Lucinda detailed everything she did that Noah and Charlotte didn’t, but it wasn’t for the judge’s sake. It was for them. Noah and Charlotte had been on their feet in outrage since they started screaming in court, but they sunk to their chairs as the older woman kept speaking.
Finally, Gracie’s nana stopped, and the judge looked at Noah. “Mr. Richards, how many diapers did you change while Gracie needed them?”
Noah couldn’t answer, but the silence was enough.
“Mrs. Richards,” Judge Millet turned to Charlotte, who had adopted her husband’s last name. “Do you know any of Gracie’s teachers at school?”
“No,” she muttered, looking down.
“Then, I’ve made my decision. Mrs. Lucinda Richards will have full custody of Gracie with supervised visitation from her parents equally,” Judge Miller declared, and no one objected. The judge spoke some more and wanted to proceed with the divorce matter.
However, both lawyers said it was better to continue at a later time. The judge agreed.
“Do we get to go home, Nana?” Gracie asked after everyone had stood.
“Yes, sweetie,” Lucinda nodded, and they left.
Charlotte quietly cried in a corner, and Noah spoke fiercely to his attorney. But the old woman and the little girl left.
To Lucinda’s surprise, Charlotte called later that day, and Noah did as well. They both wanted to schedule visitation. She expected them to fight over who got to do it first. However, they didn’t. They each took turns and acted civilly with each other.
Soon, Lucinda had them both over for dinner, and they saw how happy Gracie was with their grandmother.
“Gracie is better off with you,” Charlotte said quietly when she and Noah were leaving.
“Dear, no. She’s better off because your fighting has stopped. Can’t you see that?” Lucinda revealed.
Noah looked at Charlotte in hope and smiled. She grinned in return too. “Can we come more often?” he wondered.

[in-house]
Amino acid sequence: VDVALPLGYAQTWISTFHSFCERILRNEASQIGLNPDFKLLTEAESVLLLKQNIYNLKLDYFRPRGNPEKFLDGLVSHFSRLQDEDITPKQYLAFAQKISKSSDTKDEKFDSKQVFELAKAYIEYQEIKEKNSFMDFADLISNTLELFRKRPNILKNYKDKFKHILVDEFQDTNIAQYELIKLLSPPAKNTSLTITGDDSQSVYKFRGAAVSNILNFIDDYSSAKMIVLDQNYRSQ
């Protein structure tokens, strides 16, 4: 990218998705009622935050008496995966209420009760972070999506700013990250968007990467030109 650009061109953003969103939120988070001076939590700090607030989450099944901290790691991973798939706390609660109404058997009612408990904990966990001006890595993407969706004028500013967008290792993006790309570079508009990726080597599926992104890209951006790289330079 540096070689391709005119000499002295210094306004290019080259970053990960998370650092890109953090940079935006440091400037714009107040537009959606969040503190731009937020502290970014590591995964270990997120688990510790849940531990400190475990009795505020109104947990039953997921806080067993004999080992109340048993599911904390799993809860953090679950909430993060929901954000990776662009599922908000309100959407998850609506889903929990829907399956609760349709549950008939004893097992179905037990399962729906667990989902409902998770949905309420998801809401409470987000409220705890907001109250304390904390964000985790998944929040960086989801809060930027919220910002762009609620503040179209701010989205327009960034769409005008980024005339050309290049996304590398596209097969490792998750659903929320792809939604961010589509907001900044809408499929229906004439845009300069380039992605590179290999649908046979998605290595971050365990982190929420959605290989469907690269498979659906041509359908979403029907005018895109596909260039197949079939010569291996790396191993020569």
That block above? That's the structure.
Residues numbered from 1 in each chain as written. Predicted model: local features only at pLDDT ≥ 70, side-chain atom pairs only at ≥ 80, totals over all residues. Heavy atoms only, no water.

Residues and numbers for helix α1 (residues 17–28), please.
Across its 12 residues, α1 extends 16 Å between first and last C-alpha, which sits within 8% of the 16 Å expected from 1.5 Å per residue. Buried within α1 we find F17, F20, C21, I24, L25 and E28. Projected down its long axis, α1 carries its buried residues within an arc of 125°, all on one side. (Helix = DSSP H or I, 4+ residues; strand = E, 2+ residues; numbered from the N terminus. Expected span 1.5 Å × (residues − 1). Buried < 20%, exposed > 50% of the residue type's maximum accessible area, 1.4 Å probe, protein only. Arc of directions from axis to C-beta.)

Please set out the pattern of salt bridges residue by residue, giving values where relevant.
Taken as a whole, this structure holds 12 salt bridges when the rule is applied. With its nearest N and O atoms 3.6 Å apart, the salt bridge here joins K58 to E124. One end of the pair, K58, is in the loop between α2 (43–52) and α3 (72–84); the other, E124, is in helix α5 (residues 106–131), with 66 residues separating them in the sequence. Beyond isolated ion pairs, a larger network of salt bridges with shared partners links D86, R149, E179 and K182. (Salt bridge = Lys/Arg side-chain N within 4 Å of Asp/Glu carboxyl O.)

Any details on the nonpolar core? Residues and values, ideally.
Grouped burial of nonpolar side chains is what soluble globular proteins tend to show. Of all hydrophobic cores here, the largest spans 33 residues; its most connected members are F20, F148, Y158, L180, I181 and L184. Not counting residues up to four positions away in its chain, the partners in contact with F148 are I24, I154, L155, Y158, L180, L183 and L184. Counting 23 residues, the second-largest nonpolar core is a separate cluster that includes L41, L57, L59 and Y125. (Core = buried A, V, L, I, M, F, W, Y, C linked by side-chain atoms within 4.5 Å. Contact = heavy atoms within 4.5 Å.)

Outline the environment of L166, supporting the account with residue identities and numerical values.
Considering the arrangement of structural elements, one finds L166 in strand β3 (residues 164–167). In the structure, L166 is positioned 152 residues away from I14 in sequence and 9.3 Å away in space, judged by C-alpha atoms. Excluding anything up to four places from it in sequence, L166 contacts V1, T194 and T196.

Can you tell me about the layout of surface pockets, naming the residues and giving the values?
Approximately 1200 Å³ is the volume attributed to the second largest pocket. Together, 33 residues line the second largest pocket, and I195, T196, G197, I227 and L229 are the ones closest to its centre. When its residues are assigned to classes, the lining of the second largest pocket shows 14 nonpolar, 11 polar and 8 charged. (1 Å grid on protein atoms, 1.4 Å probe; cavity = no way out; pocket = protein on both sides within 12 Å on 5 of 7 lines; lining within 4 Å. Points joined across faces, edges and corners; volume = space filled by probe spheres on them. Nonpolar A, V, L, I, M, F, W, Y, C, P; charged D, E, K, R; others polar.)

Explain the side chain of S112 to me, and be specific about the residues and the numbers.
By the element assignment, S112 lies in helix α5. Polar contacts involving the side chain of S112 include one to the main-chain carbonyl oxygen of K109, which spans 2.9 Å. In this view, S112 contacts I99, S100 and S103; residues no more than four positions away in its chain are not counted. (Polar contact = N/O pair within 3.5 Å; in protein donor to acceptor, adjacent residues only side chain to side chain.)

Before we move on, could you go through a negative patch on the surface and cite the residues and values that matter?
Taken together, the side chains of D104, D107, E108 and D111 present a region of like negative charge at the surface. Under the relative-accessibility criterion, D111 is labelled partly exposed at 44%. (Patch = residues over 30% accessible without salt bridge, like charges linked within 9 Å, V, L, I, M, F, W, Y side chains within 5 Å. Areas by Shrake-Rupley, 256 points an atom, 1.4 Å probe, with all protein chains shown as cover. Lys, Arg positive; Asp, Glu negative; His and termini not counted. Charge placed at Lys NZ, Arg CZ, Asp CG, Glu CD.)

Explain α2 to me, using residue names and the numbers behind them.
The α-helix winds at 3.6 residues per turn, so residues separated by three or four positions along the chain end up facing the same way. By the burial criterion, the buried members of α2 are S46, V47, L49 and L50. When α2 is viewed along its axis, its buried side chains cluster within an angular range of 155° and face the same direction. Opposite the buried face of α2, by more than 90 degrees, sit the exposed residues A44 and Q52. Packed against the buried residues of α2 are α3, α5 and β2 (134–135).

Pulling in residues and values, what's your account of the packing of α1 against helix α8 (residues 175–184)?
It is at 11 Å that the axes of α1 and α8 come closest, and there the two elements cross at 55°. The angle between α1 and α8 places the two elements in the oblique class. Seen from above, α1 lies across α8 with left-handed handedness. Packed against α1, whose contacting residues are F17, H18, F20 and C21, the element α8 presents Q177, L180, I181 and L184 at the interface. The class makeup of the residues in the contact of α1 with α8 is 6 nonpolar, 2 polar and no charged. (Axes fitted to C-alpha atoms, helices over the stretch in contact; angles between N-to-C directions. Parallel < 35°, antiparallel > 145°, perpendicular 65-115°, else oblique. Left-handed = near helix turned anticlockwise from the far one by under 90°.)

“Yes, of course,” Lucinda nodded.
They had a special dinner on Friday nights but also visited Gracie after work every day – sometimes together, sometimes apart. Eventually, they took her to the beach without Lucinda, and it was one of the best days of Gracie’s life.
That day changed everything. Noah and Charlotte realized that all their troubles and arguments were inconsequential. They were always so concerned with one-upping each other. But everything was different. They wanted to reconcile.
They stopped the divorce proceedings entirely and cut back their hours at work to spend more time with Gracie. Months after that crazy day in court, Gracie moved back with her parents. They were all in therapy and trying to build a better and strong family together.
Once they settled, Noah and Charlotte renewed their vows and got pregnant shortly after. Gracie loved being a big sister. Lucinda still helped them occasionally, mainly because she wanted to be part of her new grandchild’s life too, but she was no longer the kids’ primary caregiver.
Her son and daughter-in-law were doing the work and actually raising their children, as it always should’ve been.
What can we learn from this story?
You don’t have to give up a career to raise kids, but you should strive for a fair balance.
Children know that affection and attention are more important than toys and money.
Share this story with your friends. It might brighten their day and inspire them.